All About Accessory Dwelling Units in San Mateo County

Raziel Ungar

Raziel Ungar

October 3rd, 2020 - 3 min read

What is an ADU?

An accessory dwelling unit (ADU) is a smaller, independent residential dwelling unit located on the same lot as a detached single-family home. Some examples of an ADU include a detached garage with an apartment above it, a guest house, a converted two-story garage, a backyard cottage or “granny flat,” or an in-law unit. A Junior Accessory Dwelling Unit (JADU) is an additional, independent living unit created through the conversion of an existing legally permitted bedroom in a single-family dwelling. 

I wanted to write this post given the number of questions I’ve received recently from clients considering adding an ADU in their backyards or even converting existing garage space to an ADU. It’s something that is suddenly on the radar for many local homeowners for two reasons - in January 2020, new guidelines went into effect in California making it easier for homeowners to build them, and with Work From Home becoming common for many on the peninsula, having a quiet extra space to work is now in hot demand.

ADU rules and allowances have always existed, and have evolved quite a bit in the past few years (and months!), mainly for the purposes of adding affordable housing, the rising need to add personal work areas to be able to work from home, and the desire to have extended families visit or stay nearby. 

If you're exploring an ADU or JADU project, make sure to chat with an architect or your city's planning department to best understand your options and what may or may not be possible on your lot. Please note that each city and town has their own rules around building ADU units, most of which are new in 2020. 

What are the benefits of an ADU? 

  • They are an affordable type of living/working space—no paying for land or major new infrastructures

  • They can provide a source of income for a homeowner

  • ADUs are built with cost-effective wood frame construction—less costly than homes in new multifamily buildings

  • ADUs can provide enough living space for couples, small families, friends, young people, and seniors

  • Extended families can near one another while maintaining privacy—homeowners have the flexibility to share living areas with family members, allowing seniors to age in place as they require more care

Does an ADU increase property value?
Now, you may be wondering, does the math make sense for doing a project like this, and will it add value to the home? The short answer is yes. At construction costs of $450 to $700ish per square foot, the math makes sense, when on the back end from a resale perspective it could be worth $1,000 to $1,400 a foot. Or, you can do prefab, which is what we did for our original detached home office, through Modern Shed, our get yourself a sweet Airstream home office set up - if you have the driveway space - as was profiled in USA Today by San Carlos resident Jeremiah Owyang. 

How to finance an ADU?
The easiest way to pay for the cost of an ADU is to pay cash. However, if you wish to finance, the most common way to finance an ADU is via home equity—which makes sense because you are making improvements to your property which add value. A home equity loan will provide a fixed amount of cash backed by the equity you own in your home. A home equity line of credit, or HELOC, uses a line of credit, like a credit card. It differs from a loan in that the borrower is not advanced the entire sum up front. A HELOC also uses a borrower's equity in their house as collateral.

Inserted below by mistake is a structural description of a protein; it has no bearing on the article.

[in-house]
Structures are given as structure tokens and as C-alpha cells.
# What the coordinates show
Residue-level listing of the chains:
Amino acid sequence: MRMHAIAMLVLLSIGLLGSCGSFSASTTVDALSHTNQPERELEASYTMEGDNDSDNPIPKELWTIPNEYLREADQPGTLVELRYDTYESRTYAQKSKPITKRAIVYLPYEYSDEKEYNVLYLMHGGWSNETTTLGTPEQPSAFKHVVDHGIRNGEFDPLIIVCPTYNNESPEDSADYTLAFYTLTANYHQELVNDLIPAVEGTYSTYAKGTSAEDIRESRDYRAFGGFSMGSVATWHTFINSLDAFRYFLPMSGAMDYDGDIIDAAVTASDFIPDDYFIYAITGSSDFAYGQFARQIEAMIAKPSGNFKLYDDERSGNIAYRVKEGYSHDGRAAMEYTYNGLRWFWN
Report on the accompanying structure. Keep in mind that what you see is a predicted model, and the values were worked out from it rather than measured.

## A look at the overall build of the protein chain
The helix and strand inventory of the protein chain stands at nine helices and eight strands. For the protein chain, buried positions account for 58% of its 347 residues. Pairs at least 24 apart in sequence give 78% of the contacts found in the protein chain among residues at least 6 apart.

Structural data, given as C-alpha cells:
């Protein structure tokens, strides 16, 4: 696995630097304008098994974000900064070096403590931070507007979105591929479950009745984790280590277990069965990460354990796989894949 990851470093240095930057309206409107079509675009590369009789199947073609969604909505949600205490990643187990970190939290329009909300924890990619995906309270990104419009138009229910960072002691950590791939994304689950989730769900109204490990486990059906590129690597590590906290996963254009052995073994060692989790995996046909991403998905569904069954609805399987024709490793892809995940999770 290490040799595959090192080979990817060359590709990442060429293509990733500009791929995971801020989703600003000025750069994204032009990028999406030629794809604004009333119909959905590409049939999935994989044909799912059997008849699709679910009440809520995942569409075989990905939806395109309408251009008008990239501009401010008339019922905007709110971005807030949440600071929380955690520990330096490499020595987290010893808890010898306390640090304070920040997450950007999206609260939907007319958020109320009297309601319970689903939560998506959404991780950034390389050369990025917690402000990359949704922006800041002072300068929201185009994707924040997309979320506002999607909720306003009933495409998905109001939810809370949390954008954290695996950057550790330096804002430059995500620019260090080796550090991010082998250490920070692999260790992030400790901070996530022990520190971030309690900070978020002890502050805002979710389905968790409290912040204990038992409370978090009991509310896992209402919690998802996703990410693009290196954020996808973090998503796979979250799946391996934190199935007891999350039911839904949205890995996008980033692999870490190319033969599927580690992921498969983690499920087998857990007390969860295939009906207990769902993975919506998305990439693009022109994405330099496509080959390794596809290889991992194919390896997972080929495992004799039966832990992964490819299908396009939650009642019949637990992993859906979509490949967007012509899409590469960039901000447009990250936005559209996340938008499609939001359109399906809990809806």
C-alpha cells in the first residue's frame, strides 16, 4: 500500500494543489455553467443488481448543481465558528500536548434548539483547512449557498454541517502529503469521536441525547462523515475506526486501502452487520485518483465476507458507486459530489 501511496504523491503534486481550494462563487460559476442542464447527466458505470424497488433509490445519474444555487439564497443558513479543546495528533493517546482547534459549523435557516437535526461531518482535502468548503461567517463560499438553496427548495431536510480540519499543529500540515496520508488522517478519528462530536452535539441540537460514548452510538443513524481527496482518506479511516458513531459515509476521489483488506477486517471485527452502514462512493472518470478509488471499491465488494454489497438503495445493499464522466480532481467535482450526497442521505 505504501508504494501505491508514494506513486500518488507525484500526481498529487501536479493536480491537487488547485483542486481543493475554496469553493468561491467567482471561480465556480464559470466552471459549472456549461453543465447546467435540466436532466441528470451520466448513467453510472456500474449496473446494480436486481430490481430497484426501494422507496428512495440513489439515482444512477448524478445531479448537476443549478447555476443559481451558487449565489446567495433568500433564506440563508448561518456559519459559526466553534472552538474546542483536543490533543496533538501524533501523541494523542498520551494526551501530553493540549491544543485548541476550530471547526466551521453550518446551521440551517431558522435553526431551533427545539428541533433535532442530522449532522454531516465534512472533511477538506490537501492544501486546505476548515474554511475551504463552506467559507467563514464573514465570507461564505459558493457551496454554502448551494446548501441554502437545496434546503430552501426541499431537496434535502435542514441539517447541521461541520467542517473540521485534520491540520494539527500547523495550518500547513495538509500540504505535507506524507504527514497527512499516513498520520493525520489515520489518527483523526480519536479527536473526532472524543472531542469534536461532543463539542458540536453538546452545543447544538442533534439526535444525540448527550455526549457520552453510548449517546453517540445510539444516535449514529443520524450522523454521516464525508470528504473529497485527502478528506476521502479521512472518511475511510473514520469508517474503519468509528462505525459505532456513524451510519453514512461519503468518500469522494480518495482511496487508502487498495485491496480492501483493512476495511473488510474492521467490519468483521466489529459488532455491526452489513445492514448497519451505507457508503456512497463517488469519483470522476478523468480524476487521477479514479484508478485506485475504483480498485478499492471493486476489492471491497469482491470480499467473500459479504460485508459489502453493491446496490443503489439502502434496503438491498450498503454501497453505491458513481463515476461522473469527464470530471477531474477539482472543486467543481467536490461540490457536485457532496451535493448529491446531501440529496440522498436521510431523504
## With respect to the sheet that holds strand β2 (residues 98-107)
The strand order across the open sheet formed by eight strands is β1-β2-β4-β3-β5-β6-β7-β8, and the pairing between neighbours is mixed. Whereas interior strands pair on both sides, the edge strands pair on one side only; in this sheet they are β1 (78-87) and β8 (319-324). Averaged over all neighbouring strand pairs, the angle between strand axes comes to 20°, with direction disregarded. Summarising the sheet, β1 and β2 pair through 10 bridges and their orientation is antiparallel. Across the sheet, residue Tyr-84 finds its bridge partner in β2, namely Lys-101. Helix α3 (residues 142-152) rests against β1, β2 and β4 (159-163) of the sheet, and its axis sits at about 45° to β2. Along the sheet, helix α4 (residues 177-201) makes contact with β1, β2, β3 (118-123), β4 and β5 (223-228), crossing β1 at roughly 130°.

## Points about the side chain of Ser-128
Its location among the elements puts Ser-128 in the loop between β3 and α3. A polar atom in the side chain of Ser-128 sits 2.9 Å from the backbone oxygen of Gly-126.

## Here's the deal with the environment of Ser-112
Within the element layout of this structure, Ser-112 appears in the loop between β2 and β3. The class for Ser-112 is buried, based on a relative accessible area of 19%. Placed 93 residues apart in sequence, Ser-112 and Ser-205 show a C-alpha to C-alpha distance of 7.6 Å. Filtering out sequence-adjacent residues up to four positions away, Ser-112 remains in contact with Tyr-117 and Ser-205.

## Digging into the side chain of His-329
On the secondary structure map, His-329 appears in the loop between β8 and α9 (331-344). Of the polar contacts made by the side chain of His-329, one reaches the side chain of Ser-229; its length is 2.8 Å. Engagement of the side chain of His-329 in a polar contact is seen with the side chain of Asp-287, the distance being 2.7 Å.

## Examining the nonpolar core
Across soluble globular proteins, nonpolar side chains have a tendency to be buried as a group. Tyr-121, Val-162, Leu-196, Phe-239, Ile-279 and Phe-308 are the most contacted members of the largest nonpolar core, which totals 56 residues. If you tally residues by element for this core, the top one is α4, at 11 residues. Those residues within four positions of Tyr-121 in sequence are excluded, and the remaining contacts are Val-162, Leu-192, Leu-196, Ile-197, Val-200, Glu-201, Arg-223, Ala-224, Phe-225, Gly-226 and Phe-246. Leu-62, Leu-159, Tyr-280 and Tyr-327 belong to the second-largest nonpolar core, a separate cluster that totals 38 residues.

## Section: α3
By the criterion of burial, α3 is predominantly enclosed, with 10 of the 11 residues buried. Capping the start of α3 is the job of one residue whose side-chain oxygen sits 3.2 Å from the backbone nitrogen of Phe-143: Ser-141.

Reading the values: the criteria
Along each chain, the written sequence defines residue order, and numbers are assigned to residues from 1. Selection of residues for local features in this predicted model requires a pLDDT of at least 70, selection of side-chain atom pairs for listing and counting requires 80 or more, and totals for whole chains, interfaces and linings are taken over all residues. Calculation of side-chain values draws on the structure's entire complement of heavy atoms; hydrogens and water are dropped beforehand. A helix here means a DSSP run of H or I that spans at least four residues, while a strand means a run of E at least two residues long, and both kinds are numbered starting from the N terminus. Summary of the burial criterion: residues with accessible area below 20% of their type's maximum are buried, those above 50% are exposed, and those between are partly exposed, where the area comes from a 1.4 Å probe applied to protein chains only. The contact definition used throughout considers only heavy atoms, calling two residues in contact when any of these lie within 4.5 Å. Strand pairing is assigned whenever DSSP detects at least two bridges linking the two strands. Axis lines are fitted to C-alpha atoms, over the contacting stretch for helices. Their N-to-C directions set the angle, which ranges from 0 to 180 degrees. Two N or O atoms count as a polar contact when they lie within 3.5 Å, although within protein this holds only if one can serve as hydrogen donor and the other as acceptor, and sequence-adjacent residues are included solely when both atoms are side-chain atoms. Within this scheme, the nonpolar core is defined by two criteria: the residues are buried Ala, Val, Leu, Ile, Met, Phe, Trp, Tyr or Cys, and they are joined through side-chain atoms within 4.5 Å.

Does adding an ADU increase property taxes?
Yes, but only on the marginal value of the ADU. California assessors treat ADUs like a home addition, so while the construction of an ADU will trigger a reassessment, it will be a blended assessment. 

ADU Guidelines by city and town
Guidelines are rapidly changing around ADUs. Check out your town’s website to learn the latest. Amongst the towns below, there’s a wide variety of rules in place - including noteworthy rules like allowing two-story ADUs, having the ability to build up to 850 square feet, and build up to the lot line with minimal or not setbacks. Rather than summarizing each town’s rules below, given that there could be changes or new interpretations, please review the links below. 

Belmont ADUs
Visit the Belmont ADU webpage to read the complete and up-to-date information.

Burlingame ADUs
Review all of Burlingame's new guidelines here.  

Hillsborough ADUs
See the complete list on the Hillsborough ADU website

Millbrae ADUs
Visit their webpage and read their FAQs to see the complete list. 

San Carlos ADUs
Visit the San Carlos ADU page for the latest information

San Mateo ADUs
Review all of San Mateo’s new guidelines here

South San Francisco ADUs
Visit the South San Francisco ADU webpage to learn more. 

I’d like to build an ADU. What are my next steps?
The easiest thing to do is work with an architect or designer who has significant experience working in your town already. Then, working together, you can come up with a plan and style for how the space will be used, and how you wish for it to look. Having gone through the process, it’s something that we enjoyed and will add a lot of value for our family’s use of our little ADU in our yard.

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